20% of cancer patients suffer from cognitive impairment

JAPAN - At least 20 percent of cancer patients treated by palliative care teams at medical institutions designated as regional cancer treatment base hospitals suffer from cognitive impairment, a Yomiuri Shimbun survey shows.

Due to communication barriers, such patients have concerns about delays in cancer detection and difficulties receiving adequate treatment. Moreover, when they have received cancer treatment, they may face difficulty finding institutions that will accept them for further care.

Such problems are likely to increase sharply in accordance with the growing elderly population.

The Yomiuri Shimbun sent questionnaires in April regarding cancer patients suffering from cognitive impairment including dementia and delirium, symptoms of which include mood swings and hallucinations, to 397 medical institutions designated as regional cancer treatment base hospitals across the nation. Responses were received from 225 institutions, or 57 percent.

The questionnaires targeted palliative care teams-which comprise such medical specialists as doctors, nurses, pharmacists and medical social workers. The teams work to relieve pain caused by cancer and psychological symptoms such as mood swings or anxiety, and support quality of life for patients and their families. The designated base hospitals are obliged to establish palliative care teams, which provide care based on requests from doctors in charge. Such cancer patients may suffer psychiatric symptoms, including dementia.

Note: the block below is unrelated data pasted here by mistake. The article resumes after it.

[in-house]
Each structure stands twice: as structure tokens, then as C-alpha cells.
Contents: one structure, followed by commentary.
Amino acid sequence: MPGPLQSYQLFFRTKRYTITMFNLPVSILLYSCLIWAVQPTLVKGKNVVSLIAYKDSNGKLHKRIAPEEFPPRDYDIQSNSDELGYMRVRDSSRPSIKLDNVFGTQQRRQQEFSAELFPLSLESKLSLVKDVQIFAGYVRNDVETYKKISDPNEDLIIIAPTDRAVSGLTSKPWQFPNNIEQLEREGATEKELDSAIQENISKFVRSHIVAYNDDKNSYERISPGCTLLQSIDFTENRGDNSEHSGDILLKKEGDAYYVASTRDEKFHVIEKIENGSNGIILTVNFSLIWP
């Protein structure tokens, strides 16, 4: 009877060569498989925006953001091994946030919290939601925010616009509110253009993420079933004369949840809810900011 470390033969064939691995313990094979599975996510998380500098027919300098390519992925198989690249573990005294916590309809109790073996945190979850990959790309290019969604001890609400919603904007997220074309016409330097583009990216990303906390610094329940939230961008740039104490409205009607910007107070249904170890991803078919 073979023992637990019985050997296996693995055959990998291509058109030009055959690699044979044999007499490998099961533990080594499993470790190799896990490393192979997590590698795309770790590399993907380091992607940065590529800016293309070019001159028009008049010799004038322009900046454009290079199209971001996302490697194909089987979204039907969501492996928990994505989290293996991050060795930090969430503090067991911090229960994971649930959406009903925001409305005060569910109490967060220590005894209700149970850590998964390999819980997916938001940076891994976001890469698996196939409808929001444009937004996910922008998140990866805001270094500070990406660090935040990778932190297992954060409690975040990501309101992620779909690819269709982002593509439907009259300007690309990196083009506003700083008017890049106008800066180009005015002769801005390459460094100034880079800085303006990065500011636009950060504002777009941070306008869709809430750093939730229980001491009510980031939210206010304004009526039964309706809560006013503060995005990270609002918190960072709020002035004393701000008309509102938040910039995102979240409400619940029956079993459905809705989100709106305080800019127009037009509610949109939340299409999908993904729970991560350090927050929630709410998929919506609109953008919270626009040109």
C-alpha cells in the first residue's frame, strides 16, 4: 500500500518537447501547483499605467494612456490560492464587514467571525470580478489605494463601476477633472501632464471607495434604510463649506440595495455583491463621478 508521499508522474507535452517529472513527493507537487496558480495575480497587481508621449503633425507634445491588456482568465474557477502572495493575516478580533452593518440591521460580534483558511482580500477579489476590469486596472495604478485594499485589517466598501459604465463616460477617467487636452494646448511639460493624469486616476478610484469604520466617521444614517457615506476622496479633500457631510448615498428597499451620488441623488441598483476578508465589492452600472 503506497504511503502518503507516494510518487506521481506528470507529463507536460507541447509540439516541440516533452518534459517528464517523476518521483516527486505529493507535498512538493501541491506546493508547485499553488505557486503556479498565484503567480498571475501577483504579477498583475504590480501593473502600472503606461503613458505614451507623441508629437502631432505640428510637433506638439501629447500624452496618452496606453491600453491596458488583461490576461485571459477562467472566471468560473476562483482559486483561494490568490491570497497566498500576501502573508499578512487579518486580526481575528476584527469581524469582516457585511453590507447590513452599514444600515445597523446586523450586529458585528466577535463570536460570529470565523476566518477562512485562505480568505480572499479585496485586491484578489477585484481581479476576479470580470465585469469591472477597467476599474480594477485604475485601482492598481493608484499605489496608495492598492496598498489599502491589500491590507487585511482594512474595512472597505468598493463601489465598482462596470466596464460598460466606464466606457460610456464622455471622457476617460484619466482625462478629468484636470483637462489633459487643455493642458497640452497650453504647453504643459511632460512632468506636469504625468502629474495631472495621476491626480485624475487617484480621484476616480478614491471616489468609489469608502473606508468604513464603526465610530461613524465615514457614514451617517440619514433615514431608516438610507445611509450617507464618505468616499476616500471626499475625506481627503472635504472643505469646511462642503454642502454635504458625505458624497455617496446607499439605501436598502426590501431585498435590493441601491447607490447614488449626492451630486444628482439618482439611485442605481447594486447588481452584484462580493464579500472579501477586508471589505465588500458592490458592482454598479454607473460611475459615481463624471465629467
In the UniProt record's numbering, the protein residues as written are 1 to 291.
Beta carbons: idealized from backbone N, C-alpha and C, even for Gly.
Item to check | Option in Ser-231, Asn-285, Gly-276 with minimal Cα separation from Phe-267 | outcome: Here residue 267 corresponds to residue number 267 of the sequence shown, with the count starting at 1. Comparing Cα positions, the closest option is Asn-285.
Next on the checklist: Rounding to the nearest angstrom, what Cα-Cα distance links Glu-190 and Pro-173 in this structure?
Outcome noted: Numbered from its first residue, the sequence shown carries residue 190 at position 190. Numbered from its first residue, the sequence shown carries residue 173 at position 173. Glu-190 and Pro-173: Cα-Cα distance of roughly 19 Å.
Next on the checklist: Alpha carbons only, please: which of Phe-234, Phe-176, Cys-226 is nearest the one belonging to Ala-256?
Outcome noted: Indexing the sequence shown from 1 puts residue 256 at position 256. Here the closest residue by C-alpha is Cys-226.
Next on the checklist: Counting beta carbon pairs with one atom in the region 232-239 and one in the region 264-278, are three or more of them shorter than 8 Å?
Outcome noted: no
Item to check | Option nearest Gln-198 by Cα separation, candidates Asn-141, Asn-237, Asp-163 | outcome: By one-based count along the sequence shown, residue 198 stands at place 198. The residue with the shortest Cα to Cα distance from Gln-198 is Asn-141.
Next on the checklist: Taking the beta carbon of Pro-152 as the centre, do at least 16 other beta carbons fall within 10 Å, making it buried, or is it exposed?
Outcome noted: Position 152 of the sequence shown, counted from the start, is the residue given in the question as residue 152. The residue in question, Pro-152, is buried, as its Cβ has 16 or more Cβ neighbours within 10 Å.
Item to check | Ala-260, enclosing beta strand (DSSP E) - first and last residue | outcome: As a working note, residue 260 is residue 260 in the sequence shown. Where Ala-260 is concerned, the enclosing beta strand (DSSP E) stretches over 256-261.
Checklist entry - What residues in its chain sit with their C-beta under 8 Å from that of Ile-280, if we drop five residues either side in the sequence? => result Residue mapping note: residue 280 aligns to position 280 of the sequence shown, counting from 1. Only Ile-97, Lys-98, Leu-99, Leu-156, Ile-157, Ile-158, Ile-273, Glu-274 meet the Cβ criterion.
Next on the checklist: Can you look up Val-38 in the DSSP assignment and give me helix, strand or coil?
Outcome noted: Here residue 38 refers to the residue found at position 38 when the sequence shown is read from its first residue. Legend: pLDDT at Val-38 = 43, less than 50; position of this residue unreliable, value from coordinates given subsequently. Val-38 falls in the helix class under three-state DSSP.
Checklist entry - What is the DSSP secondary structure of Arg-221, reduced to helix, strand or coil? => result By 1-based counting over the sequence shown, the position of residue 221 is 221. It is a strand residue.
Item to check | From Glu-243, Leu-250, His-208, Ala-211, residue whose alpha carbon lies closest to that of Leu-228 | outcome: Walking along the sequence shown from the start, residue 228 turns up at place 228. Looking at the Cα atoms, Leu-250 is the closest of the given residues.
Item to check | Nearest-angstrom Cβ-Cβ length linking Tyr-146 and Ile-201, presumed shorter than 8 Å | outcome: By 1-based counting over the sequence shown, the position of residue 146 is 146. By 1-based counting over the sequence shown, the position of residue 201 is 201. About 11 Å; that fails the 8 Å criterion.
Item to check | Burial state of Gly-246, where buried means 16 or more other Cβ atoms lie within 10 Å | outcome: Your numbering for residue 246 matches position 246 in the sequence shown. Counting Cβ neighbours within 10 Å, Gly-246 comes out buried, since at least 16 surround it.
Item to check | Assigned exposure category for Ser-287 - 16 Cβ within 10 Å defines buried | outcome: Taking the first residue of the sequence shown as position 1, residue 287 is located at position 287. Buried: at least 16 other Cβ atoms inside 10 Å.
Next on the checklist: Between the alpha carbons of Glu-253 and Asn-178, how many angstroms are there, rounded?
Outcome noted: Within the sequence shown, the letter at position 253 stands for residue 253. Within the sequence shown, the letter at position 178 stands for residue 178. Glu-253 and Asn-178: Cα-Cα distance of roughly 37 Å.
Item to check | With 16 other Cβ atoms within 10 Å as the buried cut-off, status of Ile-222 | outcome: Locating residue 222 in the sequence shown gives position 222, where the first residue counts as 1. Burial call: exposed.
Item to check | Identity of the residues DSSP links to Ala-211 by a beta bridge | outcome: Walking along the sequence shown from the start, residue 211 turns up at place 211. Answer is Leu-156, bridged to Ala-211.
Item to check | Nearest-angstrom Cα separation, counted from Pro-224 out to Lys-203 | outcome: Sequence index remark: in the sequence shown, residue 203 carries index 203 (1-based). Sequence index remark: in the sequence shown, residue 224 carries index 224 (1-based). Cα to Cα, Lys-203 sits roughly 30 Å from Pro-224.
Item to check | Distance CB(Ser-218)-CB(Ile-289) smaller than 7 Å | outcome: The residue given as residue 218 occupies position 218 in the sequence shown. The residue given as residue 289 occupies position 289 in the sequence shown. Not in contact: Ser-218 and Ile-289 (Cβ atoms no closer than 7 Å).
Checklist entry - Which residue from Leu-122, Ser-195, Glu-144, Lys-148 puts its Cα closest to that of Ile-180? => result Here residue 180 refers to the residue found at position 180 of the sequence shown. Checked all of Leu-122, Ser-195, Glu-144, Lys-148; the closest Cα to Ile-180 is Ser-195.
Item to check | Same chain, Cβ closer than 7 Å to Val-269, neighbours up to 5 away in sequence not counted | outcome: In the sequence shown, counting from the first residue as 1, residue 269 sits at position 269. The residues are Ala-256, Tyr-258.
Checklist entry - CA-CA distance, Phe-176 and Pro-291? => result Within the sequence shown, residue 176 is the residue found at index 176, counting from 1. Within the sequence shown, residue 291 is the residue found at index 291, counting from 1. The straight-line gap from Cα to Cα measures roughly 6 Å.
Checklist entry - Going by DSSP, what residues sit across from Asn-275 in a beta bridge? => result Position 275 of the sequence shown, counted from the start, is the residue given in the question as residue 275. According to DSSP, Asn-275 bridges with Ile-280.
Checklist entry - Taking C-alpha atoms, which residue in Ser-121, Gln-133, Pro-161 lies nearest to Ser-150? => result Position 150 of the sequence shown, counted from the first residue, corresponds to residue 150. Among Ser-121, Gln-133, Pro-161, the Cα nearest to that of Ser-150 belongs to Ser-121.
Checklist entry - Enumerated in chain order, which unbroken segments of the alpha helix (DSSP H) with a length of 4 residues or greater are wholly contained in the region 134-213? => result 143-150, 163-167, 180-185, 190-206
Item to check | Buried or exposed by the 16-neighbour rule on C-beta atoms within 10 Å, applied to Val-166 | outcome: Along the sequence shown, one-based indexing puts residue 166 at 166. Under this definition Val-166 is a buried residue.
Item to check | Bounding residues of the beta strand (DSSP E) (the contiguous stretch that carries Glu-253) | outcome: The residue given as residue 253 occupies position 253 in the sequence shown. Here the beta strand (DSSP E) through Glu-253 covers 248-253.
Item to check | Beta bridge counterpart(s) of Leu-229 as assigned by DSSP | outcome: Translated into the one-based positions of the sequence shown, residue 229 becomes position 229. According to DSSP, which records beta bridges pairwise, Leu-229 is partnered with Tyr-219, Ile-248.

Of 10,176 patients treated by palliative care teams at all medical institutions during a three-month period from December through February, 2,080 patients-or an average of 10 patients at each institution-suffered from cognitive impairment.

The figure accounts for 20.4 percent of all cancer patients cared for by the teams that answered the survey.

"The sharp rise of the elderly population is certain in metropolitan areas. Unless countermeasures are urgently taken, the situation will grow serious," said Asao Ogawa, head of the Psycho-oncology Division at National Cancer Center Hospital East in Kashiwa, Chiba Prefecture.